Neither plant nor animal, this single-celled fungus has caused me much confusion over the years. I finally understand that there is no “right” answer when it comes to yeast.
Main Types of yeast
- Active Dry Yeast – This yeast is dry and dormant, and must be rehydrated. Always add it to warm (105-115 degrees F) wet ingredients and let it dissolve for 5 to 10 minutes. Also if substituting Active for Instant rise, add about 20% more. If your recipe includes sugar, include it with the wet ingredients to see if your yeast is still viable.
- Instant Yeast – A dry yeast developed in the past thirty years. It comes in smaller granules than active dry yeast, absorbs liquid rapidly, and doesn’t need to be hydrated before being mixed into flour. Less rising time is required, but that extra time helps develop flavor, so for artisan-style breads use less yeast or store the shaped loaves overnight in the refrigerator (before bringing to a full rise). Rather than call this yeast by its name–instant active dry yeast–the yeast companies all use a unique trademarked names. “Rapid Rise” is a catchy phrase, trademarked by Fleischmann’s. Red Star calls their instant yeast “Quick-Rise yeast”. SAF calls their yeast “Perfect Rise”. “Bread Machine Yeast” is an instant yeast that may include ascorbic acid, a dough conditioner.
- Fresh Yeast – also known as compressed or cake yeast, is active yeast. It has good rising qualities and produces excellent-tasting bread, croissants and Danish pastries. It is sold in tiny cakes in the refrigerated section of many supermarkets. Fresh yeast does not keep well; it will last about two weeks if refrigerated. The yeast should be pale gray-brown, fragrant, soft and crumbly, not hard, dark brown and crusty. Any mold growing on the surface is an indication that the yeast should be discarded. Fresh yeast should be proofed in tepid water (80-90 degrees F) without contact with salt or sugar. This yeast type is a good choice for breads requiring a long cool rise, or for breads made using the sponge method.
Bottom-line: The two dry yeasts are interchangeable. Just make appropriate adjustments in how you handle it based upon your recipe. Use 20% more active dry yeast, and dissolve it in 110-degree liquid for 10 minutes. For Instant dry yeast, add it directly to dry ingredients without dissolving.
Proofing vs Dissolving:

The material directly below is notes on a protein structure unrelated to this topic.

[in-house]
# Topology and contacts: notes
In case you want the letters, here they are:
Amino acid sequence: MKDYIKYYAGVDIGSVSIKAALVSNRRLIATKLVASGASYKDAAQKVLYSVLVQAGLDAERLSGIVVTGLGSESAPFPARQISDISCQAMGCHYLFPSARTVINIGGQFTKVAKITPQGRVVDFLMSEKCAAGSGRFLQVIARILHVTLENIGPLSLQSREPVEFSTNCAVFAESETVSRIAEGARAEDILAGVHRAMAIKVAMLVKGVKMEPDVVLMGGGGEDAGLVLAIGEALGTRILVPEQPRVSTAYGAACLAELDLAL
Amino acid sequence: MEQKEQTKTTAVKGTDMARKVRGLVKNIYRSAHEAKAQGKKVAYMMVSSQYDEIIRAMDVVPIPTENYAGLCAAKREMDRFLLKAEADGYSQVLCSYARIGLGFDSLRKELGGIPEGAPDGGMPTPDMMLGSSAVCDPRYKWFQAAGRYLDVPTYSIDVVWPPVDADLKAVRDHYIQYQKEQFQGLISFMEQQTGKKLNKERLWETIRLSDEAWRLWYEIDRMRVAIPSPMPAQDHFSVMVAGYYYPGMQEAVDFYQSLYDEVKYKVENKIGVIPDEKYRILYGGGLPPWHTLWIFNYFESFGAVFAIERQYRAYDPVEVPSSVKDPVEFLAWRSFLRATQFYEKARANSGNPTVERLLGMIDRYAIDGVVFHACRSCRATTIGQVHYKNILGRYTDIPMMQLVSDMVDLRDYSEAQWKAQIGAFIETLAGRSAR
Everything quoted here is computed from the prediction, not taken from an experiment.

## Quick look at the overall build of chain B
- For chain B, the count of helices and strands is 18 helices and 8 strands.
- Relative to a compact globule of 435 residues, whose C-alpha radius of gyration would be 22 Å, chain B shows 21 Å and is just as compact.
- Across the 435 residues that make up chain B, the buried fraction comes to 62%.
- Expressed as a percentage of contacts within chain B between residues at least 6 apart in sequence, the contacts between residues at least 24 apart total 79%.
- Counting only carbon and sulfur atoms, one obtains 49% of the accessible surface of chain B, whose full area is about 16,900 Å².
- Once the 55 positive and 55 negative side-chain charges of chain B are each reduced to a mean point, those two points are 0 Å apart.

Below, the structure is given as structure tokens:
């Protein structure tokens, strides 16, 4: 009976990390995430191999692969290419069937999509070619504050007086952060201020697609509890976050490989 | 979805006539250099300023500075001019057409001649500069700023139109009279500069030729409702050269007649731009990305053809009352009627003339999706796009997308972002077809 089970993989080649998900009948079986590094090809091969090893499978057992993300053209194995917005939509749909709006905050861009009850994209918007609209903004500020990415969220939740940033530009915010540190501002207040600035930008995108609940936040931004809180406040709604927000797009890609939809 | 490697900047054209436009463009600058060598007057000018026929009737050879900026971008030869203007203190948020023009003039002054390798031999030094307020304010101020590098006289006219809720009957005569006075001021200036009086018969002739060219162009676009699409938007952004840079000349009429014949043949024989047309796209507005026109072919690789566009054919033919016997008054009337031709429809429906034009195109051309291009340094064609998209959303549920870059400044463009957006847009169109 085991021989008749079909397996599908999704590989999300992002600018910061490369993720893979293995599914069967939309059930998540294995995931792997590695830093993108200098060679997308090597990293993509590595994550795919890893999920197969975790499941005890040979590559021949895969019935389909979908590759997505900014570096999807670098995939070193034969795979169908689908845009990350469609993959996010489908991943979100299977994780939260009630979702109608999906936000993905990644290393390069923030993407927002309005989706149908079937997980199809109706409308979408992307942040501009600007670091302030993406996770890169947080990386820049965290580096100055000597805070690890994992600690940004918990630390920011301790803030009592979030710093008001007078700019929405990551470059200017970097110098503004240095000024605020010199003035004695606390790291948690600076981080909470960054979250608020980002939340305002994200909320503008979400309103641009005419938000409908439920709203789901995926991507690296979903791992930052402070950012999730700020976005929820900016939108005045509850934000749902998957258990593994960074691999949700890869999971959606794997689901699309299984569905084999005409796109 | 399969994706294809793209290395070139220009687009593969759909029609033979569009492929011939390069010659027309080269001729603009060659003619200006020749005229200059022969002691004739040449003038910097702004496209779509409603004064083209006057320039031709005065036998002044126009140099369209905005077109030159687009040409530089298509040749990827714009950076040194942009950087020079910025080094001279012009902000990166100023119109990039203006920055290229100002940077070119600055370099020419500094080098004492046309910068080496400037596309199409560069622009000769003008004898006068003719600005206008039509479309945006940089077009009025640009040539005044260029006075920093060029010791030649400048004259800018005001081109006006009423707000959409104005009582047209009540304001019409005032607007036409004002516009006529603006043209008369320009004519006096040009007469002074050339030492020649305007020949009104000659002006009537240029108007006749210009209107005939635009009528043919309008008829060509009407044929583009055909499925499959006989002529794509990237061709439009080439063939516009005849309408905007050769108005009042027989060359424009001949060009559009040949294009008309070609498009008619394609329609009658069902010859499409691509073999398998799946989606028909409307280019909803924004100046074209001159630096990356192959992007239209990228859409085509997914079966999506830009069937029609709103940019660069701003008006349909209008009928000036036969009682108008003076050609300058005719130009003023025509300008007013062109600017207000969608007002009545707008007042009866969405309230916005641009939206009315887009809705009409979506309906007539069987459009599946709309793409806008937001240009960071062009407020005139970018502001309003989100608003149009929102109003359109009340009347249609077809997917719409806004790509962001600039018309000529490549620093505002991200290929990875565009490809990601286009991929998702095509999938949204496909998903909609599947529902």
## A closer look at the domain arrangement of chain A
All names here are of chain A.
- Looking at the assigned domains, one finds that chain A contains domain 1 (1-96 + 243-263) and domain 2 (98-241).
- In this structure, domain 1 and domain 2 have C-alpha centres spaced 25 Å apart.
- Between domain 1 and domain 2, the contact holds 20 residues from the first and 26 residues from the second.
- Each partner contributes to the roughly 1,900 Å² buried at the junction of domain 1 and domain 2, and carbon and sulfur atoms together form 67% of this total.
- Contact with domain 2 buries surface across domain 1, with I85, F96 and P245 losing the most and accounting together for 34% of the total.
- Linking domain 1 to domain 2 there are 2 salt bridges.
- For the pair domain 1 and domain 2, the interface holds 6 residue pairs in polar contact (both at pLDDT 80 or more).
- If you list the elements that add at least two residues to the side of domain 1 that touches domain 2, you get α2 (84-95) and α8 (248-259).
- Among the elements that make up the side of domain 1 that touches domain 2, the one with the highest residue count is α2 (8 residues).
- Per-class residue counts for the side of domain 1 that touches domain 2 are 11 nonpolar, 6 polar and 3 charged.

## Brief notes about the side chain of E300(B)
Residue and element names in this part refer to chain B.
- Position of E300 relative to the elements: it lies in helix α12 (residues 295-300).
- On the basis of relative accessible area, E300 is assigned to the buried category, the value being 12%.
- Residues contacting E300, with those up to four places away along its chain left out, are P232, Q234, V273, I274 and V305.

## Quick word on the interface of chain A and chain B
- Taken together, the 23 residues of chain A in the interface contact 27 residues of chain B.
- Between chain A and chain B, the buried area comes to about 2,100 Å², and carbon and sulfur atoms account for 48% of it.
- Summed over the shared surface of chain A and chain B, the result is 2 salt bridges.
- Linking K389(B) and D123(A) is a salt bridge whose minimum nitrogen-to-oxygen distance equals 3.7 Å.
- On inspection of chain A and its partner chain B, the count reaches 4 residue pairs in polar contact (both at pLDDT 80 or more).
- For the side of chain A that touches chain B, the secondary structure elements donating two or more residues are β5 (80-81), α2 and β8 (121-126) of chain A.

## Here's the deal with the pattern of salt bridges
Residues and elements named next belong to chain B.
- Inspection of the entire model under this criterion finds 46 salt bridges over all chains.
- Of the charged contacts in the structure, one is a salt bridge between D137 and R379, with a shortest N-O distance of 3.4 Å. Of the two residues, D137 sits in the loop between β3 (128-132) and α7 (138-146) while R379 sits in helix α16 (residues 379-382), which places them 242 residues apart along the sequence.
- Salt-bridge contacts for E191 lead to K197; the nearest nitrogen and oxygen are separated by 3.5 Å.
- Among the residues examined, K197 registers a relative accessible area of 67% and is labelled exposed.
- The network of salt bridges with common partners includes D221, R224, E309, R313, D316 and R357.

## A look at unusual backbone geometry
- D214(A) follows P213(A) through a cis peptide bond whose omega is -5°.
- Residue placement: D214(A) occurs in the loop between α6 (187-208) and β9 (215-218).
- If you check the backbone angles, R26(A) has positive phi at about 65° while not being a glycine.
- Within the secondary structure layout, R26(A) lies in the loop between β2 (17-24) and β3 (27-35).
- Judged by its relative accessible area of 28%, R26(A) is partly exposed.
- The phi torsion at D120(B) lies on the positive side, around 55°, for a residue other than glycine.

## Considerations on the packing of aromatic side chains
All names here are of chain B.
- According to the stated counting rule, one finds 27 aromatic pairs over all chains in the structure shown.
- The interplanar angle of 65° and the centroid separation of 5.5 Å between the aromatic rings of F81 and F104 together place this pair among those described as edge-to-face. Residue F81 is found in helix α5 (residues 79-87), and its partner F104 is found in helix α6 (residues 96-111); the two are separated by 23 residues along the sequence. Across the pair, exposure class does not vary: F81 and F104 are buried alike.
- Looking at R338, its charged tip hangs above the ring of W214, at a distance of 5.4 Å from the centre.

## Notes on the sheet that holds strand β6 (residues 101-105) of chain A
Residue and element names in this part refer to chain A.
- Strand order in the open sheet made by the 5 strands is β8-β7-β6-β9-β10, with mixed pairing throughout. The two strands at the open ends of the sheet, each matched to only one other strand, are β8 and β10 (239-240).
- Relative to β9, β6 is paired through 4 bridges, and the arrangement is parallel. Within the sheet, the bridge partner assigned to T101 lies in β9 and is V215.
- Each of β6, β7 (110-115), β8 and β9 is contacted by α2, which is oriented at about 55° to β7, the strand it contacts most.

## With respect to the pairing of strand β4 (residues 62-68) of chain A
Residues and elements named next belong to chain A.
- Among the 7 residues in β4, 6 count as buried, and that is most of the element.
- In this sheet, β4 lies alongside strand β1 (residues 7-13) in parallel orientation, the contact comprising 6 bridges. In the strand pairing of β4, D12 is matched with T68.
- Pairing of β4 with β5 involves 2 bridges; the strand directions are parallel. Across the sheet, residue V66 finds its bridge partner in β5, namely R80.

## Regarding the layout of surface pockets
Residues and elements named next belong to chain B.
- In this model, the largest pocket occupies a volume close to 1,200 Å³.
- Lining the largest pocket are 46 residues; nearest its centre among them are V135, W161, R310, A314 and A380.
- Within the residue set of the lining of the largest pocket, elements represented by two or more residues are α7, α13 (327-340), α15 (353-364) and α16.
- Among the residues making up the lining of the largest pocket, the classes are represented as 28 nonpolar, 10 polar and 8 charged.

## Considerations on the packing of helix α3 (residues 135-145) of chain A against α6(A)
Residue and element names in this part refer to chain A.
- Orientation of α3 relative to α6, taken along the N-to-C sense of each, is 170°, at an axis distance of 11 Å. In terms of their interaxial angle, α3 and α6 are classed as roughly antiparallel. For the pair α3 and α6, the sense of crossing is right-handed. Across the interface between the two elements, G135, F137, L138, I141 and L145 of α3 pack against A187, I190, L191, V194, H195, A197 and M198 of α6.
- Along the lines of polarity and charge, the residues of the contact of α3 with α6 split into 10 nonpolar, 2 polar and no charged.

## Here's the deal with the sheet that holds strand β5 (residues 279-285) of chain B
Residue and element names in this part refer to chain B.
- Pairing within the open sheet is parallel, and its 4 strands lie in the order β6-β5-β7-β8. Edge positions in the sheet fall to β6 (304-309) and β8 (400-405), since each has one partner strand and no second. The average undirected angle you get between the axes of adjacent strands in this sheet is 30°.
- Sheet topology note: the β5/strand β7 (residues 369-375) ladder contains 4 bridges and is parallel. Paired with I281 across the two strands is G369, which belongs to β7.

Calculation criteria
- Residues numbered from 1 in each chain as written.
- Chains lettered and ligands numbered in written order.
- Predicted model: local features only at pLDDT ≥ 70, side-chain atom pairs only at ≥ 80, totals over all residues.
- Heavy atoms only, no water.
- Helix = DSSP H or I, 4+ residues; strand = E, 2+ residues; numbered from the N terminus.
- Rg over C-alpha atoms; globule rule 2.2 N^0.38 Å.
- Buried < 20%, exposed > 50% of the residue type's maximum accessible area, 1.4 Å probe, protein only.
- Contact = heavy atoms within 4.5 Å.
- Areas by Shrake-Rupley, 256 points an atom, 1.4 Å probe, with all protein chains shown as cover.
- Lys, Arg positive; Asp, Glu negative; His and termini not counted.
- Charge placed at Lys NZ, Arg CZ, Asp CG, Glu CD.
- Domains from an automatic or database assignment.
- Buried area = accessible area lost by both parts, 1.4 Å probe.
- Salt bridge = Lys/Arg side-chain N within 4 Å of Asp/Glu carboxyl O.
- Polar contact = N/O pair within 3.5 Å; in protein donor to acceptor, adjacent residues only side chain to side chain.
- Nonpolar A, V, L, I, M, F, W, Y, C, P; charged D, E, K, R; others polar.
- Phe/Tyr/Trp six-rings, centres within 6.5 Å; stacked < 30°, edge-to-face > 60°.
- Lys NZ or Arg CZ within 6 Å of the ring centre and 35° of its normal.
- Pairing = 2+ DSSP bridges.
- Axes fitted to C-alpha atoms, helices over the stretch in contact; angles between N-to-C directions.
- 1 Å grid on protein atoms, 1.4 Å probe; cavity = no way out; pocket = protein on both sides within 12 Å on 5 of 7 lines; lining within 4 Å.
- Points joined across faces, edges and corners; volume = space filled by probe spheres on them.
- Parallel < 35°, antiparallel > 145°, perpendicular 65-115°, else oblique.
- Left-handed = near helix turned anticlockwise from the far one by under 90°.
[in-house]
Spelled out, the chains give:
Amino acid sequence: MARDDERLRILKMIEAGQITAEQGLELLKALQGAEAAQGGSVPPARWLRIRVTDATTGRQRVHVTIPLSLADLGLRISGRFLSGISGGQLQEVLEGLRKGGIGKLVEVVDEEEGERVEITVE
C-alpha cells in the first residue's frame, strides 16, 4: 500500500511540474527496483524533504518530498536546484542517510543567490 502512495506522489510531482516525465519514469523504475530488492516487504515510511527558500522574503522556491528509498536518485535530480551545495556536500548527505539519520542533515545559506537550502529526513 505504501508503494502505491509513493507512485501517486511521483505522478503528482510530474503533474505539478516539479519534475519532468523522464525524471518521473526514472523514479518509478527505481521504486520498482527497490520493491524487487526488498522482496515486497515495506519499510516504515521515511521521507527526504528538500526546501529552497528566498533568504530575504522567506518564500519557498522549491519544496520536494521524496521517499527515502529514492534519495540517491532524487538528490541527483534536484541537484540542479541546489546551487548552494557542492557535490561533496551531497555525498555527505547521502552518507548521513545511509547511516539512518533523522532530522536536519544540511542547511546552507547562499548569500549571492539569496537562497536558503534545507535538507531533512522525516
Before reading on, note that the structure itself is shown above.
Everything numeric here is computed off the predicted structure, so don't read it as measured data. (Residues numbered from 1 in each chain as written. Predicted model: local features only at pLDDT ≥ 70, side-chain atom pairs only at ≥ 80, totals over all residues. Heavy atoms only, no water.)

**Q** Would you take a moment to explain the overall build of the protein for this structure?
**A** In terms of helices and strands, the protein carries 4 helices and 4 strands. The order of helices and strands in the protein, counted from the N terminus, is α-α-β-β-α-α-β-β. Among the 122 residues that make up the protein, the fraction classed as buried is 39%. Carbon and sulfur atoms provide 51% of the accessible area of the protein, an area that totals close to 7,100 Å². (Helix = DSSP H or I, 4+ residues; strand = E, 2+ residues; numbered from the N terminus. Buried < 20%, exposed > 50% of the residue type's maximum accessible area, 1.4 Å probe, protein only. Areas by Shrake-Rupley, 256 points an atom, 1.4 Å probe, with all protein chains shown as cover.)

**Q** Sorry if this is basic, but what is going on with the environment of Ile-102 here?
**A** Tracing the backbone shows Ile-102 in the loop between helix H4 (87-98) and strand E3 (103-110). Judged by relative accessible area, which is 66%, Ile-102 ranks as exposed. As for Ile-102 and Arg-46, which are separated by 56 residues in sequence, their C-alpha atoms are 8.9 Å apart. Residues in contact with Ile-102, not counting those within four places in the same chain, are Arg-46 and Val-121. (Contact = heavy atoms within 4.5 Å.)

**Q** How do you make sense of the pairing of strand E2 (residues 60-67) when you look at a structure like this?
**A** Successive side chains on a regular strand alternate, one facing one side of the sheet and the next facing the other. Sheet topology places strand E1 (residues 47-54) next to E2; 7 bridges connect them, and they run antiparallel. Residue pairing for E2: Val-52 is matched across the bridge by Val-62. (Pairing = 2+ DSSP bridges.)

- Dissolving (or rehydrating) is not proofing, and only needs to be done with Active Dry Yeast.
- To proof (either type of dry yeast), dissolve in warm water, give it food (usually sugar) and wait to see it it bubbles. You don’t need to proof every time, only to see it the yeast is still viable. For example, as the end date approaches. you’re looking for “proof” that the yeast can multiply. Adequate “proof” is visible bubbles (a by-product of yeast multiplication) or a “yeasty” smell or froth at the top of the liquid or some other criterion easily accessible to humans without microscopes To proof yeast, you dissolve it and give it some food – a little sugar and/or flour added to the water is most common because they’re so convenient. Sprinkle the yeast over warm water (105-115 degrees F) and a pinch of sugar, and let it stand for 10 minutes until creamy and bubbly.
Store yeast in a cool dry place, or in the refrigerator once the package has been opened. If you store your yeast in the freezer, you can use after the expiration date. The proofing process will ensure that your yeast is still viable.
Where to Buy:
- I bought 2 pounds of Active Dry Yeast at CostCo for $3.50. While I’m not a member, I went with a co-worker and I should have enough yeast for 5 years. (they didn’t sell Instant Dry Yeast).
- The absolute most expensive place to buy yeast is the supermarket. It costs $8 for a small 4-ounce jar (1,800% more expensive than CostCo). Or worse, my supermarket sells 1/4-oz packets for 75-cents (2,700% more expensive than CostCo).
- You can order it only and pay for shipping. For example,